Aston Martin's first premises, from which the historic marque developed.
Callow Street, London SW3, and 12-16, Henniker Mews, London SW3.
The history of Aston Martin begins in 1913 with a garage business in Chelsea, jointly owned by cycling friends Robert Bamford and Lionel Martin.
From the premises in Callow Street, Bamford and Martin ran a dealership for a number of makes, including Singer, whose cars they also modified and raced competitively in hillclimbs. It was their success in a Singer at the Aston Clinton hillclimb from which the company’s name is derived.
Towards the end of 1913, Bamford and Martin moved the business around the corner to Henniker Mews, and work began on their first car. Known as the Coal Scuttle, it had a Coventry Simplex engine and was registered for the road in 1915. Further progress, however, was put on hold when the two men entered war service and the premises were taken over by Sopwith Aviation.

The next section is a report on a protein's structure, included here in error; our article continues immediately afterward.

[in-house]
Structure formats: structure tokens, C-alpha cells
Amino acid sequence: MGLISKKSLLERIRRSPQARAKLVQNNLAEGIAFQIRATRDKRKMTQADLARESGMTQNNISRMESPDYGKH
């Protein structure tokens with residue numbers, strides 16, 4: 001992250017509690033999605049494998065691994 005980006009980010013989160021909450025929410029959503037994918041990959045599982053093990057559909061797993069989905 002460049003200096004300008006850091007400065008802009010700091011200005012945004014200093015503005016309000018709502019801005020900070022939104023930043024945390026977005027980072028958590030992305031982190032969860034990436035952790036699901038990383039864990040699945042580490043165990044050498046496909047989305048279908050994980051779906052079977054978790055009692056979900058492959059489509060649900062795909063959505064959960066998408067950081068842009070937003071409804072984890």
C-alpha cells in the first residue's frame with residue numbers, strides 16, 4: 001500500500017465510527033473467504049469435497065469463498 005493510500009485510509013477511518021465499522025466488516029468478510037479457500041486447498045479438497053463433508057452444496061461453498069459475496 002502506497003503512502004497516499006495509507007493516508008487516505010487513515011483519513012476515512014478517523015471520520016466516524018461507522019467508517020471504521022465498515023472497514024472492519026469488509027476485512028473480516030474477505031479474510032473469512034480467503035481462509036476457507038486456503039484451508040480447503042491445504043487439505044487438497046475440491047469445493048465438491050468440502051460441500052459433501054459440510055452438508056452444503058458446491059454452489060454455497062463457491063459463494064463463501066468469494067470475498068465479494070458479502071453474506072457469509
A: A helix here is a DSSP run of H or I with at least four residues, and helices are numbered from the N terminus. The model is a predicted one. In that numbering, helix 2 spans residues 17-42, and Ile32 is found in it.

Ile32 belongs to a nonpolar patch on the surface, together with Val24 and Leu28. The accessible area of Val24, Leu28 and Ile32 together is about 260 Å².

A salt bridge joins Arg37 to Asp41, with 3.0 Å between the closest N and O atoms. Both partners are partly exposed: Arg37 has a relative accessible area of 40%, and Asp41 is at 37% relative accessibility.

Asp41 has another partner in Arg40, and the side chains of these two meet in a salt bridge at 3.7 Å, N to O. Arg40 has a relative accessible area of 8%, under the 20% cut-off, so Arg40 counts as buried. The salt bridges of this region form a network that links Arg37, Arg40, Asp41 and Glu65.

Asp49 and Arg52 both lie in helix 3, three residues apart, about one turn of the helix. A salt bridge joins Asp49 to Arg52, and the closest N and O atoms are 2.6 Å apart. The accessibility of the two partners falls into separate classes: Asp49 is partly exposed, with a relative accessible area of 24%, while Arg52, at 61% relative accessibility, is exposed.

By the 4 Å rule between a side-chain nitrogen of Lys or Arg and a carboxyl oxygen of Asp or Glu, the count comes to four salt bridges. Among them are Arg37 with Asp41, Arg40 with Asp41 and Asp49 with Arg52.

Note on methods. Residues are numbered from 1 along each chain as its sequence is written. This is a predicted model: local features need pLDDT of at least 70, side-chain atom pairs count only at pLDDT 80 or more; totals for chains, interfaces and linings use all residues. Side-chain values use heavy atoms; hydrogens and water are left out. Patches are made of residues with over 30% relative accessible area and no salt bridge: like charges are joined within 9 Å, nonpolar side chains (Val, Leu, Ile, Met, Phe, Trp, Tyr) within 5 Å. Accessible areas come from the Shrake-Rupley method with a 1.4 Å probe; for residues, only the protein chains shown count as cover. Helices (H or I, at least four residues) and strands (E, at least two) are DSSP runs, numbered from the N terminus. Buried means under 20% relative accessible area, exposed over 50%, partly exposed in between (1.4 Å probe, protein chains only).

Business was resumed in 1920, and the company moved to new premises in Kensington. It was around this time that Robert Bamford sold his interest in the business, with his place being taken by Kate, Lionel Martin’s second wife.